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Man rams barricade near Capitol, fires shots, then kills himself, police say

Aug. 14, 2022 Updated Sun., Aug. 14, 2022 at 7:25 p.m.

A U.S. Capitol Police Officer works on Capitol Hill in Washington, D.C., on Sunday after a man drove his car into a barricade and fired shots into the air before turning his gun on himself, police said.  (TRIBUNE NEWS SERVICE)
A U.S. Capitol Police Officer works on Capitol Hill in Washington, D.C., on Sunday after a man drove his car into a barricade and fired shots into the air before turning his gun on himself, police said. (TRIBUNE NEWS SERVICE)
By Fredrick Kunkle and Lizzie Johnson Washington Post

WASHINGTON – A man drove his vehicle into a barricade near the U.S. Capitol early Sunday and fired shots into the air before taking his own life, Capitol Police said.

No one else was injured, and it appears no officers discharged their weapons during the incident, which occurred about 4 a.m.

Police said the man, identified as 29-year old Richard A. York III, of Delaware, did not appear to be targeting members of Congress, who are on recess.

At a news conference, Capitol Police Chief Tom Manger said officers “did not hear the individual say anything” during the incident. He said investigators were exploring York’s social media and running his name through databases, but had so far found nothing tying him to the Capitol.

“We don’t have any information that would indicate his motivation at this point,” Manger said.

Police said the vehicle caught fire as York was getting out of it. Manger said investigators were exploring whether he might have started the blaze, as it did not appear to have been sparked by the collision.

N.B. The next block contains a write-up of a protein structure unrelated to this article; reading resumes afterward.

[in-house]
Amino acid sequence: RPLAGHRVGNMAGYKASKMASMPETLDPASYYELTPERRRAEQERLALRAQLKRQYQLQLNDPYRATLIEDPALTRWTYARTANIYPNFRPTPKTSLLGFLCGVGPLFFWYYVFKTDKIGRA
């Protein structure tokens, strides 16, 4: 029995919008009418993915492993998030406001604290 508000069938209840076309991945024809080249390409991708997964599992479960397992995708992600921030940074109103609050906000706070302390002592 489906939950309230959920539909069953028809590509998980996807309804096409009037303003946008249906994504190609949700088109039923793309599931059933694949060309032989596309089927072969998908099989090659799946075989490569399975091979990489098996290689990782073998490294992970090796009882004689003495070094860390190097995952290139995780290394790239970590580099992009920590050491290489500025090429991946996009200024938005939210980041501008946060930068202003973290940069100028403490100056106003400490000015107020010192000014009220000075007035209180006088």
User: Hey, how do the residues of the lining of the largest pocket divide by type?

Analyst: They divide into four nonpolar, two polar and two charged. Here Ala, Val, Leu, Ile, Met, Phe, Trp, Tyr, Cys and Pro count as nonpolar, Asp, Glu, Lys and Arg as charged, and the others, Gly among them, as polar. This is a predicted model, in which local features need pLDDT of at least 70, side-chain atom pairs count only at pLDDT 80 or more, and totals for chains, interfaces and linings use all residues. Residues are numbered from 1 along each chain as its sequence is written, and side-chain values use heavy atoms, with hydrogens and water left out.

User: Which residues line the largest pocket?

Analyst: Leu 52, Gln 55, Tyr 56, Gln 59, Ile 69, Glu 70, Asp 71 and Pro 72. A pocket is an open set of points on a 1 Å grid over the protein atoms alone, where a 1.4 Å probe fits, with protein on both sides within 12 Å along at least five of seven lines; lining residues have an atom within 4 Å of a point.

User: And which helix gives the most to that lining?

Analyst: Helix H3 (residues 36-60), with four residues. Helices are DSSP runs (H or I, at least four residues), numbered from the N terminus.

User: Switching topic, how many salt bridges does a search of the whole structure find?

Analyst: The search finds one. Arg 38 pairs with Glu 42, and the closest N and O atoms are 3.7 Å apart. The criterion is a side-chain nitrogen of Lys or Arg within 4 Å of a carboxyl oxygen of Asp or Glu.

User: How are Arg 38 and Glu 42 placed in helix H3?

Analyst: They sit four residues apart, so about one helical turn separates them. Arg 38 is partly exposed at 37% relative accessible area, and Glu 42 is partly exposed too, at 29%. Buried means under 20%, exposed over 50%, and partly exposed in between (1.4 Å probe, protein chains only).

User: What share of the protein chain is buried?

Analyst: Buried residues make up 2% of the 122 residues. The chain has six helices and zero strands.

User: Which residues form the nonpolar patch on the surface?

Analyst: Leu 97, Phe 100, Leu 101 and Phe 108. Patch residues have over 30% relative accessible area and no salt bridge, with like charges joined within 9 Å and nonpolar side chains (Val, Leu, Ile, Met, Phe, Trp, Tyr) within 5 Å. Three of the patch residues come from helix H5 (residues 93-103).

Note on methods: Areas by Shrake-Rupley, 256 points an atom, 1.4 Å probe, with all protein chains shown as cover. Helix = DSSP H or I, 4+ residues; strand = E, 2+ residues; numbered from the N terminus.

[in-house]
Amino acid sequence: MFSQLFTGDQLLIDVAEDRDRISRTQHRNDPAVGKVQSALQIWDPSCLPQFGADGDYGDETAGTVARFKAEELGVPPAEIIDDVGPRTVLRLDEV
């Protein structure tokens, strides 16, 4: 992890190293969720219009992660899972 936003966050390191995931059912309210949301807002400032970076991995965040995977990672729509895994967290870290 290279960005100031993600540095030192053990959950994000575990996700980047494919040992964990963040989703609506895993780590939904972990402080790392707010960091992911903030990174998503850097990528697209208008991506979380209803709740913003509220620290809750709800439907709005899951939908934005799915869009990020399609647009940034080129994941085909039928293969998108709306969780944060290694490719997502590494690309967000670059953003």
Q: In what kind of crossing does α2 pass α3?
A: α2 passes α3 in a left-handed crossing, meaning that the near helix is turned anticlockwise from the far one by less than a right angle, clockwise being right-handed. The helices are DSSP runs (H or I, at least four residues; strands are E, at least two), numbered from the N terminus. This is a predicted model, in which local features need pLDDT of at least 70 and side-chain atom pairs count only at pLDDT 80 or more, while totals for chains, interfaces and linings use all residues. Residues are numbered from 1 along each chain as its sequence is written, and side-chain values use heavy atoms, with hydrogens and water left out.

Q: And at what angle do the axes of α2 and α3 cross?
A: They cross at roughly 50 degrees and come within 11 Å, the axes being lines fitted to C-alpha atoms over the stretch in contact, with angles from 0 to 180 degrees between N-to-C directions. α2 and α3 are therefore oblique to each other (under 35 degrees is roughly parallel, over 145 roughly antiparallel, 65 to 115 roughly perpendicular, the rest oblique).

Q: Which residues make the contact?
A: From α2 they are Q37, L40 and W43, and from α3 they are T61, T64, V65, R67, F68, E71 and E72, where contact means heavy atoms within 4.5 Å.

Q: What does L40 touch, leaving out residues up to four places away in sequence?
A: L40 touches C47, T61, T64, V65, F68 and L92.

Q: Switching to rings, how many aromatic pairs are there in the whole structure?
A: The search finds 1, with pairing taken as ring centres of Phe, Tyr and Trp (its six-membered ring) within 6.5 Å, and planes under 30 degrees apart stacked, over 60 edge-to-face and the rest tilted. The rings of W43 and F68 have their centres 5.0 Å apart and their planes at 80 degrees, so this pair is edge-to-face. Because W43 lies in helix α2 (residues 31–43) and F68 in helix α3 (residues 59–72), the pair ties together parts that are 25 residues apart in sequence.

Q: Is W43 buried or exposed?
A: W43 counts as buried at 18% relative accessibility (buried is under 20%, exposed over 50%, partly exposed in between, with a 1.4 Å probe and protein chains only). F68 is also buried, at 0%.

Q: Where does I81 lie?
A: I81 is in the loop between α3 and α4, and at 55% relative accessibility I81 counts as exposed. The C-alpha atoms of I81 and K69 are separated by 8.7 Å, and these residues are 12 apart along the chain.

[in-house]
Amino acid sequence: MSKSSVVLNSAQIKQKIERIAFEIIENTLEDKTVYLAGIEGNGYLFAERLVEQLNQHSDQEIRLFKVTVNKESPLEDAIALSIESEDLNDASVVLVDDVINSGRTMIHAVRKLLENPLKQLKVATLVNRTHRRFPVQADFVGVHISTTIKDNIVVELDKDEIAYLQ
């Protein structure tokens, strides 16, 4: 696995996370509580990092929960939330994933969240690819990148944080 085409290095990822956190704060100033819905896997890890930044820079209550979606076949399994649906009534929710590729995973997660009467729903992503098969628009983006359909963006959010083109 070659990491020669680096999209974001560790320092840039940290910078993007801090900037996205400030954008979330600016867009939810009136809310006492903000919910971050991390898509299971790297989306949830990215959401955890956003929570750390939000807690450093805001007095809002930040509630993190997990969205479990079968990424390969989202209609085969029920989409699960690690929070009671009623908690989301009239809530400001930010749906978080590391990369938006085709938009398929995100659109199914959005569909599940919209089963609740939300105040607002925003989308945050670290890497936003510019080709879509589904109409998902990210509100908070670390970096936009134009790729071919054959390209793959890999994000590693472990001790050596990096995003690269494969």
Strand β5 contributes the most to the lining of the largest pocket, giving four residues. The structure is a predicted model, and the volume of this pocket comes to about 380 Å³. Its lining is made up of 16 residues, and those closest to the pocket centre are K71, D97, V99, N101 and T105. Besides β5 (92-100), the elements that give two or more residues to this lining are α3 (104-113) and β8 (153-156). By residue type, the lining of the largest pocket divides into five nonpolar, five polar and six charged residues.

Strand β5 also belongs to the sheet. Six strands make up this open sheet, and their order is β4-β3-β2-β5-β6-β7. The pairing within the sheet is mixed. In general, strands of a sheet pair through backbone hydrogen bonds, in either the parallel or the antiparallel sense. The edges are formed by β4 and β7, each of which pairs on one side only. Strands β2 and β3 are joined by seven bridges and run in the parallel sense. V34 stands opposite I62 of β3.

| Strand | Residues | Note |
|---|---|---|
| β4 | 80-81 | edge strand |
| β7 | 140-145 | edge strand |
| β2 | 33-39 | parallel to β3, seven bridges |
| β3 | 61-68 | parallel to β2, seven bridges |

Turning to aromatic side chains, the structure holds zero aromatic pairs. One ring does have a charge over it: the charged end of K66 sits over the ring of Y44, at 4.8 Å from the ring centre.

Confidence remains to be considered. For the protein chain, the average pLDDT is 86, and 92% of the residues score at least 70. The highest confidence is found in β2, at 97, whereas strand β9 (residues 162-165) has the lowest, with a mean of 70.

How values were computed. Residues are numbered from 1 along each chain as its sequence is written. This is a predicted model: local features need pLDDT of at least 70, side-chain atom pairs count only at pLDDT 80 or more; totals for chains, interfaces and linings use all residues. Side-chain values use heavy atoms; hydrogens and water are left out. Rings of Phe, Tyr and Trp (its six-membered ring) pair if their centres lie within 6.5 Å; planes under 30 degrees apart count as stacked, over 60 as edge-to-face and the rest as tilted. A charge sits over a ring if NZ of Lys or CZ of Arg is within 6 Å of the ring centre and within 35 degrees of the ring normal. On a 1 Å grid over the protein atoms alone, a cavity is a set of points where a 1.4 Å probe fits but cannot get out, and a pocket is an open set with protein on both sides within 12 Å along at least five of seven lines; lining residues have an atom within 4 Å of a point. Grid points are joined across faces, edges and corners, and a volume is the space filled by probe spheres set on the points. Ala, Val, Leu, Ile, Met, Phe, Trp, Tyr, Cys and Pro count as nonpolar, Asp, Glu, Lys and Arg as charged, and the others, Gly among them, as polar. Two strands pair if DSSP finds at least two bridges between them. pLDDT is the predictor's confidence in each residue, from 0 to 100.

The incident near one of the most important symbols of national government comes at a jittery time, with law enforcement on alert following an FBI raid on former president Donald Trump’s Mar-a-Lago Club last week and other events that have inflamed political tensions.

The FBI’s search, part of an investigation into whether Trump improperly retained highly classified government documents, has led to angry denunciations by Republicans accusing the Biden administration of politically motivated overreach. Days after the search, an armed man attempted to breach an FBI field office in Cincinnati, sparking a standoff that ended when he was shot and killed by law enforcement.

Security fencing still remains in place near the Supreme Court – which had been the scene of intense demonstrations over abortion rights after the high court overturned Roe v. Wade – not far from Sunday’s incident.

Manger said York’s vehicle collided with a barricade at East Capitol and Second streets, and he got out and began walking toward the Capitol. York, firing a handgun indiscriminately as he crossed First Street, entered onto Capitol property, where a Capitol Police officer saw him shoot himself in the head, Manger said.

Capitol Police said investigators have begun looking into York’s background; D.C. police have taken over the investigation into his death. Manger said investigators had found addresses for him in Delaware and Pennsylvania and a criminal history.

Online Pennsylvania court records show York’s criminal record includes convictions going back to 1993 for several relatively minor offenses, including simple assault, criminal mischief, burglary, making terroristic threats, and illegal possession of drugs. The court records show that in the most recent case, in August 2020, he was sentenced to a period of incarceration of up to 23 months for assault.

Manger said law enforcement at all levels have been working with each other to monitor social media and other outlets for possible threats.

“Law enforcement nationwide is on a higher alert due to the climate,” he said.

In April 2021, a man drove his car into two Capitol Police officers standing in front of a barricade. One of the officers died; a third officer shot the man after he got out of his car with a knife, police said.

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